Trusts are often established to grant legal protection for a party’s assets, ensuring they’re distributed according to the owner’s wishes. In most states, Uncle Sam will still be owed a portion — it just depends on where you live.
A trust can be taxed as a resident trust in multiple states or in no states. The individual or party that creates the trust should pay attention to these four factors for both existing and new trusts to understand how they may be impacted by their location:
- Where the trust was created.Several states impose a tax if the party who created the trust (known as the trustor or grantor) resided in that state when the trust was created. In other words, a person could draft a will or establish a trust while briefly residing in the state and the trust will be taxed there — even if that person died after living elsewhere for decades.
- Where the beneficiaries reside.A handful of states will tax a trust that has one or more beneficiaries (the trust’s recipients) residing within their borders. For example, California imposes taxes on trust income that is distributed or distributable to a state resident.
- Where the trustee resides. Some states will tax a trust if a trustee (the entity that manages the trust) resides in the state. States also may consider the residence of co-trustees, including trust advisors and other non-trustee fiduciaries. For example, a trustee could reside in Nevada, but if the trust also has a fiduciary living in California, California treats the trust as subject to its income tax.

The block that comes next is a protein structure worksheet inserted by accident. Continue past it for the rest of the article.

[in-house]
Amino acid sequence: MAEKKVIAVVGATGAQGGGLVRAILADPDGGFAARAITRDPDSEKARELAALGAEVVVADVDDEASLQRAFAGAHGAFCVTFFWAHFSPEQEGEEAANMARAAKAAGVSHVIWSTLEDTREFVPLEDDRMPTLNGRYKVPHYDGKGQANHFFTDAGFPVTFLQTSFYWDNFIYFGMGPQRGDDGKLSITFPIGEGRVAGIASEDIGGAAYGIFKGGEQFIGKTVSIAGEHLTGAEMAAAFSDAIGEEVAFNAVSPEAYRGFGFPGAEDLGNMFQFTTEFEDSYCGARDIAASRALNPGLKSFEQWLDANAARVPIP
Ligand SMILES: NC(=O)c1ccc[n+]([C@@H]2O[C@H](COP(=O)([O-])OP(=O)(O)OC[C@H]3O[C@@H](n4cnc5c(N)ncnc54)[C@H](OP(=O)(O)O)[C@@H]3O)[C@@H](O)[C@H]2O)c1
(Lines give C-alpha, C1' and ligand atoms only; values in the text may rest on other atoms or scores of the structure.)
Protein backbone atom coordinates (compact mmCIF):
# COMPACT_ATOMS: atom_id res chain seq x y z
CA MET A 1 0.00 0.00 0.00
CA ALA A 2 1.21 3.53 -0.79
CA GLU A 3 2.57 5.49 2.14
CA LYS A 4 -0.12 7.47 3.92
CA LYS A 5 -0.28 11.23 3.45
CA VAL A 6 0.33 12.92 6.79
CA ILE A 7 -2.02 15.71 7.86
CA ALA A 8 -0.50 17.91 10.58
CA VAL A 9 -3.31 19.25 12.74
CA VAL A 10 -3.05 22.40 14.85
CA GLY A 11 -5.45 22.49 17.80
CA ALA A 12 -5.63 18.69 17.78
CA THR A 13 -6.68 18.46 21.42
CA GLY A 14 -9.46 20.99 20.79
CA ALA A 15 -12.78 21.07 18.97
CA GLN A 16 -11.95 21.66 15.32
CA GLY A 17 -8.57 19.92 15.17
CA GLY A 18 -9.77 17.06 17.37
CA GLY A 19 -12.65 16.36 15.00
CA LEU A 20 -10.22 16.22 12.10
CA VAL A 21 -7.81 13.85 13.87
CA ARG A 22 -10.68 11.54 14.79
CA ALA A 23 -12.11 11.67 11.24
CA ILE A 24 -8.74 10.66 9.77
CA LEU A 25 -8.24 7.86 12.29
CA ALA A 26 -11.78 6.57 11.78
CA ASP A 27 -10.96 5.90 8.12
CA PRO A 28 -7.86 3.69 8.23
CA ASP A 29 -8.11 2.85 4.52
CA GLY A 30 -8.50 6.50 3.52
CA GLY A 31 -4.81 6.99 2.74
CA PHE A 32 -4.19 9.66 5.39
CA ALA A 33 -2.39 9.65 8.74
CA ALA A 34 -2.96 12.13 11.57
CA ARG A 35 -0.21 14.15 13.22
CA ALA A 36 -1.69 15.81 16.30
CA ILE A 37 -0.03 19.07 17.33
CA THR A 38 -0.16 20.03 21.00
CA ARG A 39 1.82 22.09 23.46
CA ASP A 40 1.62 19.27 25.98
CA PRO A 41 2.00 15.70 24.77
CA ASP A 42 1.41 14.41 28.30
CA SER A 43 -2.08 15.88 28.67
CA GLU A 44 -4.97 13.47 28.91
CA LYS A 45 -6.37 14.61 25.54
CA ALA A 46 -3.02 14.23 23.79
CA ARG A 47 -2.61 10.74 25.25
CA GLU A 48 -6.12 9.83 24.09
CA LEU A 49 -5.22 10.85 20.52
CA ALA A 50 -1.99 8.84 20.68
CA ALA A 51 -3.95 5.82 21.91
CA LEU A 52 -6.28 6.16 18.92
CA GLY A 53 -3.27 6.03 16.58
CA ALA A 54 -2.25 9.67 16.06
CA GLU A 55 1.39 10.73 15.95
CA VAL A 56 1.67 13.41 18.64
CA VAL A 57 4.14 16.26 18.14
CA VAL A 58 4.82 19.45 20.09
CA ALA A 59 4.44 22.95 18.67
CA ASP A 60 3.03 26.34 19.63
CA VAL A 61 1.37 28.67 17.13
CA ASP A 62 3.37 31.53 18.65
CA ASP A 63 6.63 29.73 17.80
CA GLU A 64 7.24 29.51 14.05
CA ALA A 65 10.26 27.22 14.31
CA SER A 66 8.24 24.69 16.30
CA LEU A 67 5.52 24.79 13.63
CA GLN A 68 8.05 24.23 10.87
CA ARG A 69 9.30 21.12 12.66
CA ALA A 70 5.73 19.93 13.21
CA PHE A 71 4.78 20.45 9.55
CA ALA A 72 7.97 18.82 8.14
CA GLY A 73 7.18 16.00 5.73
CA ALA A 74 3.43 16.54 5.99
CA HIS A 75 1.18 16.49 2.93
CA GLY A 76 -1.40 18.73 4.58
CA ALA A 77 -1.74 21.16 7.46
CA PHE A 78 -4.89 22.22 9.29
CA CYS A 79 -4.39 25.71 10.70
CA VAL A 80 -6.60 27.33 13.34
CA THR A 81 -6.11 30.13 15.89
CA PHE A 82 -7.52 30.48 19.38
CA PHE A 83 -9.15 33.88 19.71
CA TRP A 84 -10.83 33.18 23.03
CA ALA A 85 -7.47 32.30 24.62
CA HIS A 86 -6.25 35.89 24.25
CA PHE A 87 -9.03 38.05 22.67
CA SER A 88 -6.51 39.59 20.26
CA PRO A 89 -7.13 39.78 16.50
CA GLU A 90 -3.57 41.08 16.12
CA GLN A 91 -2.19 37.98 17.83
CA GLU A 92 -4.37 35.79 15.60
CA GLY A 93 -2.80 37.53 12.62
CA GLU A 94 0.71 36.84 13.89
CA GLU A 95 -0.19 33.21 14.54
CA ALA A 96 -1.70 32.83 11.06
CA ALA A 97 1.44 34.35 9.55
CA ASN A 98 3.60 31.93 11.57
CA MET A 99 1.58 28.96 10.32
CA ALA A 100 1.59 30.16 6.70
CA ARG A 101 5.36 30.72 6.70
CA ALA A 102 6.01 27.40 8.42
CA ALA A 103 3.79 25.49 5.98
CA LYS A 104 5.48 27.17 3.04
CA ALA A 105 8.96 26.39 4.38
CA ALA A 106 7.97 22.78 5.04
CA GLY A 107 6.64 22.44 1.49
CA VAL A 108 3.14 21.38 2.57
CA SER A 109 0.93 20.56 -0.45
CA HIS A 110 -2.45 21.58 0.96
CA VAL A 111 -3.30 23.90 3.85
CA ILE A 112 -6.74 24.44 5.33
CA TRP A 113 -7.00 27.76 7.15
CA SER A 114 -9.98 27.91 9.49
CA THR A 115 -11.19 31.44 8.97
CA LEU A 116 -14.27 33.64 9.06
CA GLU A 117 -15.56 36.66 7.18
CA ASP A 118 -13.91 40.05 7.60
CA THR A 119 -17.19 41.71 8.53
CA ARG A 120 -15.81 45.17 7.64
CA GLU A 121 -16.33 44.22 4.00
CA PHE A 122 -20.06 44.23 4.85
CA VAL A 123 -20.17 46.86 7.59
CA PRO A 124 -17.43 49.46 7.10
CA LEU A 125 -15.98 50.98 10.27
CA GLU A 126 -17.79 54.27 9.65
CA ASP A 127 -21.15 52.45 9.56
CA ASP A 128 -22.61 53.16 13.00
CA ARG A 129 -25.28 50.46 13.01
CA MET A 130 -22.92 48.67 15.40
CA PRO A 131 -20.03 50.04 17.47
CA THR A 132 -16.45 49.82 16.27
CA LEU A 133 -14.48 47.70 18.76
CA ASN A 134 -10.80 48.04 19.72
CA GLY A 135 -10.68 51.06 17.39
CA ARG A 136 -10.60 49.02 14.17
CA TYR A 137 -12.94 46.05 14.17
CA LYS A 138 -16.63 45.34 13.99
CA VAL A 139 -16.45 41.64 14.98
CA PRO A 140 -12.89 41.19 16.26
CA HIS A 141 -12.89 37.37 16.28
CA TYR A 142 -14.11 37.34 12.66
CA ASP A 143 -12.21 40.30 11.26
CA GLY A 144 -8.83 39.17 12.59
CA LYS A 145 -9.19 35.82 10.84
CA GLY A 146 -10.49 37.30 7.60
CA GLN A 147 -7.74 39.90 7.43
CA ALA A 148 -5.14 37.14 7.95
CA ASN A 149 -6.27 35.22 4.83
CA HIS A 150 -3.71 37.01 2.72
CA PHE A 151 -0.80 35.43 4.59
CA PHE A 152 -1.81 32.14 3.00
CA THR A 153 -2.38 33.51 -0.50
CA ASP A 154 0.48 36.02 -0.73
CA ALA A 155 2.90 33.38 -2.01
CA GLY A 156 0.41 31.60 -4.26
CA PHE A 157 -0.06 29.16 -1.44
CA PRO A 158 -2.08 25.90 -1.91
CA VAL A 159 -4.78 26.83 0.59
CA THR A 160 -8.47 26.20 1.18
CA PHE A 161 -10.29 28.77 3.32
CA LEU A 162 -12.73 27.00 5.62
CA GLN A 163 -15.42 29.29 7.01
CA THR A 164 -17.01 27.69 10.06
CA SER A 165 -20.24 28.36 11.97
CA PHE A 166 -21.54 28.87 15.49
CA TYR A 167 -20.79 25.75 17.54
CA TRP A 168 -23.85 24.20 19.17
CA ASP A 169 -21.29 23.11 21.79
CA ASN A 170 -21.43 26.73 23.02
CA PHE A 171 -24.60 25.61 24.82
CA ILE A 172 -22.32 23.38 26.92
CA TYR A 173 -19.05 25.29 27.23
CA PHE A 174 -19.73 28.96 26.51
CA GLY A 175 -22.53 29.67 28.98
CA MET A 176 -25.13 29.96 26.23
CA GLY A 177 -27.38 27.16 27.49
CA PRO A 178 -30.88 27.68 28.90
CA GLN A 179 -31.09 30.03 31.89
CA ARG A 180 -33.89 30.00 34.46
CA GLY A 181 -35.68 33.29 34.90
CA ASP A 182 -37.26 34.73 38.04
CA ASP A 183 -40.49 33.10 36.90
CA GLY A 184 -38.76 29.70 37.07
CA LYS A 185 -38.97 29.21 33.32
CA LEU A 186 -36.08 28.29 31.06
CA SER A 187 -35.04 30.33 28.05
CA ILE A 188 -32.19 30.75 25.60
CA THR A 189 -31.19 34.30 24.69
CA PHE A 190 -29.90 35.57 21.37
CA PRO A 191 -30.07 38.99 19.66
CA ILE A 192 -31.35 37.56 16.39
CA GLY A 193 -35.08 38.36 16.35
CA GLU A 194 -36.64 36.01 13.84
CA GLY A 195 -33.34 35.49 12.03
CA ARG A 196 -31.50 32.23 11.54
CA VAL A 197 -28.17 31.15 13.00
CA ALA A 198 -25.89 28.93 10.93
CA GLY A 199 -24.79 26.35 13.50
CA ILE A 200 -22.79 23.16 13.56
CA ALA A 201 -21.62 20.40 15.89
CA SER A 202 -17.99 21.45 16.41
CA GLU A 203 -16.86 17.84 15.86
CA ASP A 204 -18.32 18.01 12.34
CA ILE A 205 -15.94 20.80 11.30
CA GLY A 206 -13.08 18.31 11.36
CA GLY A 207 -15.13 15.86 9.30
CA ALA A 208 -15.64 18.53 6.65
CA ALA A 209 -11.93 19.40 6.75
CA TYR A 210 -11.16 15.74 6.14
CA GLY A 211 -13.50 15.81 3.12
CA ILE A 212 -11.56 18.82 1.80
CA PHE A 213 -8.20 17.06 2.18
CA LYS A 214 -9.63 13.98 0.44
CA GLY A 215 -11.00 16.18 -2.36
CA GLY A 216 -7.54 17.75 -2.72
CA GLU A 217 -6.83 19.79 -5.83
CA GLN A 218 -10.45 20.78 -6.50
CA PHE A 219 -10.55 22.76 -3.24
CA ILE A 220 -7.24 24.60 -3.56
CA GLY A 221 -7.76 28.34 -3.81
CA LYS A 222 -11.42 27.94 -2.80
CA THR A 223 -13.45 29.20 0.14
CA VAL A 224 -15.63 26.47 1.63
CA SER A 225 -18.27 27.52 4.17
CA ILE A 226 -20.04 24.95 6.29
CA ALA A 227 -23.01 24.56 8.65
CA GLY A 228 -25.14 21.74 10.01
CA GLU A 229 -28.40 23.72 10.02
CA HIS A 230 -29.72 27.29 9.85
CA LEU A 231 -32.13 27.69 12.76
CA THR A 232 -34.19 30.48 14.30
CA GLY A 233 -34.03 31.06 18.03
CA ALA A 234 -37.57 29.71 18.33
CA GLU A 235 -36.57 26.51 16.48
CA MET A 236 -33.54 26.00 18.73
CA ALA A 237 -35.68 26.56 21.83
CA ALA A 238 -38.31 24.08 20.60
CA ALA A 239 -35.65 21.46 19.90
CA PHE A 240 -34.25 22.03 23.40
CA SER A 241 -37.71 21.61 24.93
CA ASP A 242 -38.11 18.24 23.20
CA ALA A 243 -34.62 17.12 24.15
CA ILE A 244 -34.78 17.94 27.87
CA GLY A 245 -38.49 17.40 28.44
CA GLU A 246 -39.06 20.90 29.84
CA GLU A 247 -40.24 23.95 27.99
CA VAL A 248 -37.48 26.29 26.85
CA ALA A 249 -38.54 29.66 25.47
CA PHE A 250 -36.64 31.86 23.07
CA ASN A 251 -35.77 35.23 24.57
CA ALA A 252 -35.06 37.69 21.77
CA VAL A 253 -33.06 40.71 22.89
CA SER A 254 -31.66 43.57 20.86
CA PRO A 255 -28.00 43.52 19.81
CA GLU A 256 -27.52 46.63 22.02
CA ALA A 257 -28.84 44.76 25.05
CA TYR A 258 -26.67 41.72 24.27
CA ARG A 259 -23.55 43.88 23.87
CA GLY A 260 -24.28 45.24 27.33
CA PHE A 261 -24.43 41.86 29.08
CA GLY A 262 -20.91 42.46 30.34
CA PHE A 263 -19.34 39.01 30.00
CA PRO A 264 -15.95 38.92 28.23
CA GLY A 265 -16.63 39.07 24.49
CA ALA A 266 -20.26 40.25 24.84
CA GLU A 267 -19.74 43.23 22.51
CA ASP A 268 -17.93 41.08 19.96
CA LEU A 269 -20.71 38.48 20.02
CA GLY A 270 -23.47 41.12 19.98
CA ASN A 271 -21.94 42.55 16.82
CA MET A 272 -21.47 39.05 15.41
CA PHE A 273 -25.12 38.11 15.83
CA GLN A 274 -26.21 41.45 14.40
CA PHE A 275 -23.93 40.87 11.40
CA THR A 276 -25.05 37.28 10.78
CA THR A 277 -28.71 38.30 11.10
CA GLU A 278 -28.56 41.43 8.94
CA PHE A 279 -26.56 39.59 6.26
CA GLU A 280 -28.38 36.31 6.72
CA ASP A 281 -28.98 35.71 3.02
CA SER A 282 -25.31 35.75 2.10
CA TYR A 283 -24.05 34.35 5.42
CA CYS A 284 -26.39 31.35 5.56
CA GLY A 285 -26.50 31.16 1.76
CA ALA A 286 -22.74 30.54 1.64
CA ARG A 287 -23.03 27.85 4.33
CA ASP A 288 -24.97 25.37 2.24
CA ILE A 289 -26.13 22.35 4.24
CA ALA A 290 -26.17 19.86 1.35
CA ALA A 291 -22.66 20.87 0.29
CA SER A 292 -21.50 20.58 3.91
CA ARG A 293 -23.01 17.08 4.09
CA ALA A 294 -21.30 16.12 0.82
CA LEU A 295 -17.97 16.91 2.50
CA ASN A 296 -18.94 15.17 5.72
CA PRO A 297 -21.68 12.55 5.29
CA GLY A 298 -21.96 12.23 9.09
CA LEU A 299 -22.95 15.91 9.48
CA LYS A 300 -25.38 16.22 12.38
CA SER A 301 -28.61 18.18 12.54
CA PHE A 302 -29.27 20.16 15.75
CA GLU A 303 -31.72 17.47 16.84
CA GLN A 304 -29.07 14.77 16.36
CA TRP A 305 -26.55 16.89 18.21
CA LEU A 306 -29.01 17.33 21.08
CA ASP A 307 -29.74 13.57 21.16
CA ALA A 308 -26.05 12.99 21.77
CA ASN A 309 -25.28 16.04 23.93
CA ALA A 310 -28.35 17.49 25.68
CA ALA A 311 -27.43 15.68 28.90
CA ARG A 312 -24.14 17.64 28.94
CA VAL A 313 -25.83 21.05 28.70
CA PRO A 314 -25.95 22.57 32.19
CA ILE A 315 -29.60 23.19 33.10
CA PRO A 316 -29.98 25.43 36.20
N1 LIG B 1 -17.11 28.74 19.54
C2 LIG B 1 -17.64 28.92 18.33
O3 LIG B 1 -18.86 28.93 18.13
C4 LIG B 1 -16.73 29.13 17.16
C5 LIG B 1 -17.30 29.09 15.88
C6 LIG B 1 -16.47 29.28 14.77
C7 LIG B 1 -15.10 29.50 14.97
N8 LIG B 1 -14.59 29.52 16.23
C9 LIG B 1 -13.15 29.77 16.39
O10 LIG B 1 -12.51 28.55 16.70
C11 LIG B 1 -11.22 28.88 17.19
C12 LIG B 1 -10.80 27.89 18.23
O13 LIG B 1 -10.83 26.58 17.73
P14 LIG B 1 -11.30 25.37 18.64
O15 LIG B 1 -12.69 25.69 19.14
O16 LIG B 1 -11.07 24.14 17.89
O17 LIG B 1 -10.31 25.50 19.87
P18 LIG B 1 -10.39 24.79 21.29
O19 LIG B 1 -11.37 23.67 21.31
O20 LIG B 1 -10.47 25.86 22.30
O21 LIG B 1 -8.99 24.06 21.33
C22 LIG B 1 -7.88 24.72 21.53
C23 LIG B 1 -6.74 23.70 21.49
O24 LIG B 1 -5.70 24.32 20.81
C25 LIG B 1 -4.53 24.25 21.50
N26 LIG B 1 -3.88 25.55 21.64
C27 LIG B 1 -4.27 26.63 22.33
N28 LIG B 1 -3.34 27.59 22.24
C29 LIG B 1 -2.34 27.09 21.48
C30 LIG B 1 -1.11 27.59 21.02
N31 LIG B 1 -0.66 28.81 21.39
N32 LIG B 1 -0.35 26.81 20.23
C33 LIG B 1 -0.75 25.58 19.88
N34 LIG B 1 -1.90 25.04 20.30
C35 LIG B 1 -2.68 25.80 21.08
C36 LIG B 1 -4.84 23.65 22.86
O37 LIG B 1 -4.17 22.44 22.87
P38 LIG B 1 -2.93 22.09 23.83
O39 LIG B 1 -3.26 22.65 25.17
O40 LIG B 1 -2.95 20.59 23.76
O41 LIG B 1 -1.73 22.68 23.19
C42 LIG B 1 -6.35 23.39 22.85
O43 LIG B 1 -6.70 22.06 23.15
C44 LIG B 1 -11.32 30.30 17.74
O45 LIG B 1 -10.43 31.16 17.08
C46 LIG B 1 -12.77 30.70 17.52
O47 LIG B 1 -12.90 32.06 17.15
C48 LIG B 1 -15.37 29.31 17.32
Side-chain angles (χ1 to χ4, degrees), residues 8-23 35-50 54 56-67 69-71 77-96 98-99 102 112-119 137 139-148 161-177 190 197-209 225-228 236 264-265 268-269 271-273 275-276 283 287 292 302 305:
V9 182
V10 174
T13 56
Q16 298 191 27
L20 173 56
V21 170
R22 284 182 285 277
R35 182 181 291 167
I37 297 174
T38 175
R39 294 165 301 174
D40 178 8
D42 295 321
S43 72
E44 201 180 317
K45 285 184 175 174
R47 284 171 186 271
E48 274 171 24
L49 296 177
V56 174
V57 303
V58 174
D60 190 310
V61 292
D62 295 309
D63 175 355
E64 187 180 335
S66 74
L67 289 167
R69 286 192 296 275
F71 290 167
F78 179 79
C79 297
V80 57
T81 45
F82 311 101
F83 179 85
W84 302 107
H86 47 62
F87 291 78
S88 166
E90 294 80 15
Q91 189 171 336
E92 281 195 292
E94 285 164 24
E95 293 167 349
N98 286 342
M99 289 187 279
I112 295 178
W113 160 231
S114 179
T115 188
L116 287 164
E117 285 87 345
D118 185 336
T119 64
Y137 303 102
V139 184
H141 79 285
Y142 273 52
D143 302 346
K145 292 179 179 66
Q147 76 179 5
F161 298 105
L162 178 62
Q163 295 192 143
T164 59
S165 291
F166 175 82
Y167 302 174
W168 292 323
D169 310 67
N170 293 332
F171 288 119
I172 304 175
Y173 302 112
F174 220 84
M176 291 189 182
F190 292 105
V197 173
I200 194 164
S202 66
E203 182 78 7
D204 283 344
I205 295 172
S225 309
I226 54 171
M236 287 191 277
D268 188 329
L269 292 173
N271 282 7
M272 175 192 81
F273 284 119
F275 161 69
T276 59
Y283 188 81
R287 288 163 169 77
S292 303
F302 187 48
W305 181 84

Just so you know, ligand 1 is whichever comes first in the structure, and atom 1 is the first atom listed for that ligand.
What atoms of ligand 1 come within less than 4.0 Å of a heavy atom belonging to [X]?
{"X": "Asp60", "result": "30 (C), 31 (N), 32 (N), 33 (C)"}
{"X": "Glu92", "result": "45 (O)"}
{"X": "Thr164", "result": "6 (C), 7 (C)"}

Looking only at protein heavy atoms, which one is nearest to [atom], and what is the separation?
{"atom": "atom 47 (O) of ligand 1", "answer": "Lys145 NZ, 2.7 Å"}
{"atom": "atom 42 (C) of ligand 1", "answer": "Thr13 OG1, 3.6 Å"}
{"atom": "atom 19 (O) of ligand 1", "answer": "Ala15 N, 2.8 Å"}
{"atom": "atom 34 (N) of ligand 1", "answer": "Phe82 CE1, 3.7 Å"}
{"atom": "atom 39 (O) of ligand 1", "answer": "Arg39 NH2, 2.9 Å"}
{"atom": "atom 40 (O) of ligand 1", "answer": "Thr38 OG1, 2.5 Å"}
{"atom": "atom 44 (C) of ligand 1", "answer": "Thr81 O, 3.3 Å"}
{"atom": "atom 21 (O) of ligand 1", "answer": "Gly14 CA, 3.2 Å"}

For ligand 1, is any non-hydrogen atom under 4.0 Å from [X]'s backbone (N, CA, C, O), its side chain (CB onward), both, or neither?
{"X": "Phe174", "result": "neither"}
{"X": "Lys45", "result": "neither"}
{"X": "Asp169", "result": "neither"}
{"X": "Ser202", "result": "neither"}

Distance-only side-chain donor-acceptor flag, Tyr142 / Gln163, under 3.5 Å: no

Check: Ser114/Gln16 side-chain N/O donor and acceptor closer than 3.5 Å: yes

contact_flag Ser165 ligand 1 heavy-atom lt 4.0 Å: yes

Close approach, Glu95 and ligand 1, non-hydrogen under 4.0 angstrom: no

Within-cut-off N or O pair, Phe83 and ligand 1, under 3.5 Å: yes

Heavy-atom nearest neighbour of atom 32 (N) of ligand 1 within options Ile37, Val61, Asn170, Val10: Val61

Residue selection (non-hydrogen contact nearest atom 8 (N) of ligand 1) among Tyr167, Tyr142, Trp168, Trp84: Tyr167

- Where the trust is administered. A trust may be taxed by the state in which it’s administered.
Tax nexus trap
Several states don’t impose any income taxes on non-grantor trusts. These are separate taxable entities from the party who created the trust, who retains no control in it. But those states — including Florida, Nevada and Texas — are in the minority.
Moreover, trusts that ostensibly “reside” in those states may be subject to income taxes in other states. That’s because many states find ways to establish tax nexus with trusts that appear to have minimal connection to the state. The term “tax nexus” generally refers to the minimum contacts with a state that are required to subject an entity to taxation in that state.
Minimizing tax risks
It’s worthwhile to review a trust’s connections to high-tax states on an annual basis. Trustors, beneficiaries or trustees may have moved, potentially creating or eliminating tax nexus with different states.
There are also steps you can explore to help cut down the tax liability. For example, the Supreme Court acknowledged that in states that base tax on a beneficiary’s residence, the beneficiary could delay taking distributions until after relocating to a state with a more favorable tax regime. In addition, trusts may avoid taxation in states that base tax on a trustee’s residence by appointing non-resident trustees or replacing resident trustees.
A similar approach could be taken to avoid taxation based on where a trust is administered. Another alternative is removing certain nondiscretionary powers and rights from trustors or beneficiaries.
Proceed with caution
Trusts are generally created to shield assets from taxes, not to create additional tax burdens. As you can surmise from the general information above, they’re a pretty complex undertaking. Be sure to consult with trusted legal and financial professionals to help ensure the outcome you envision
If you have any questions about the tax rules involving a trust, count on Magone & Company as a knowledgeable resource. Reach out today at (973) 301-2300.
This post is for informational purposes only and should not be considered legal or financial advice. Be sure to consult with a knowledgeable tax advisor regarding your particular situation.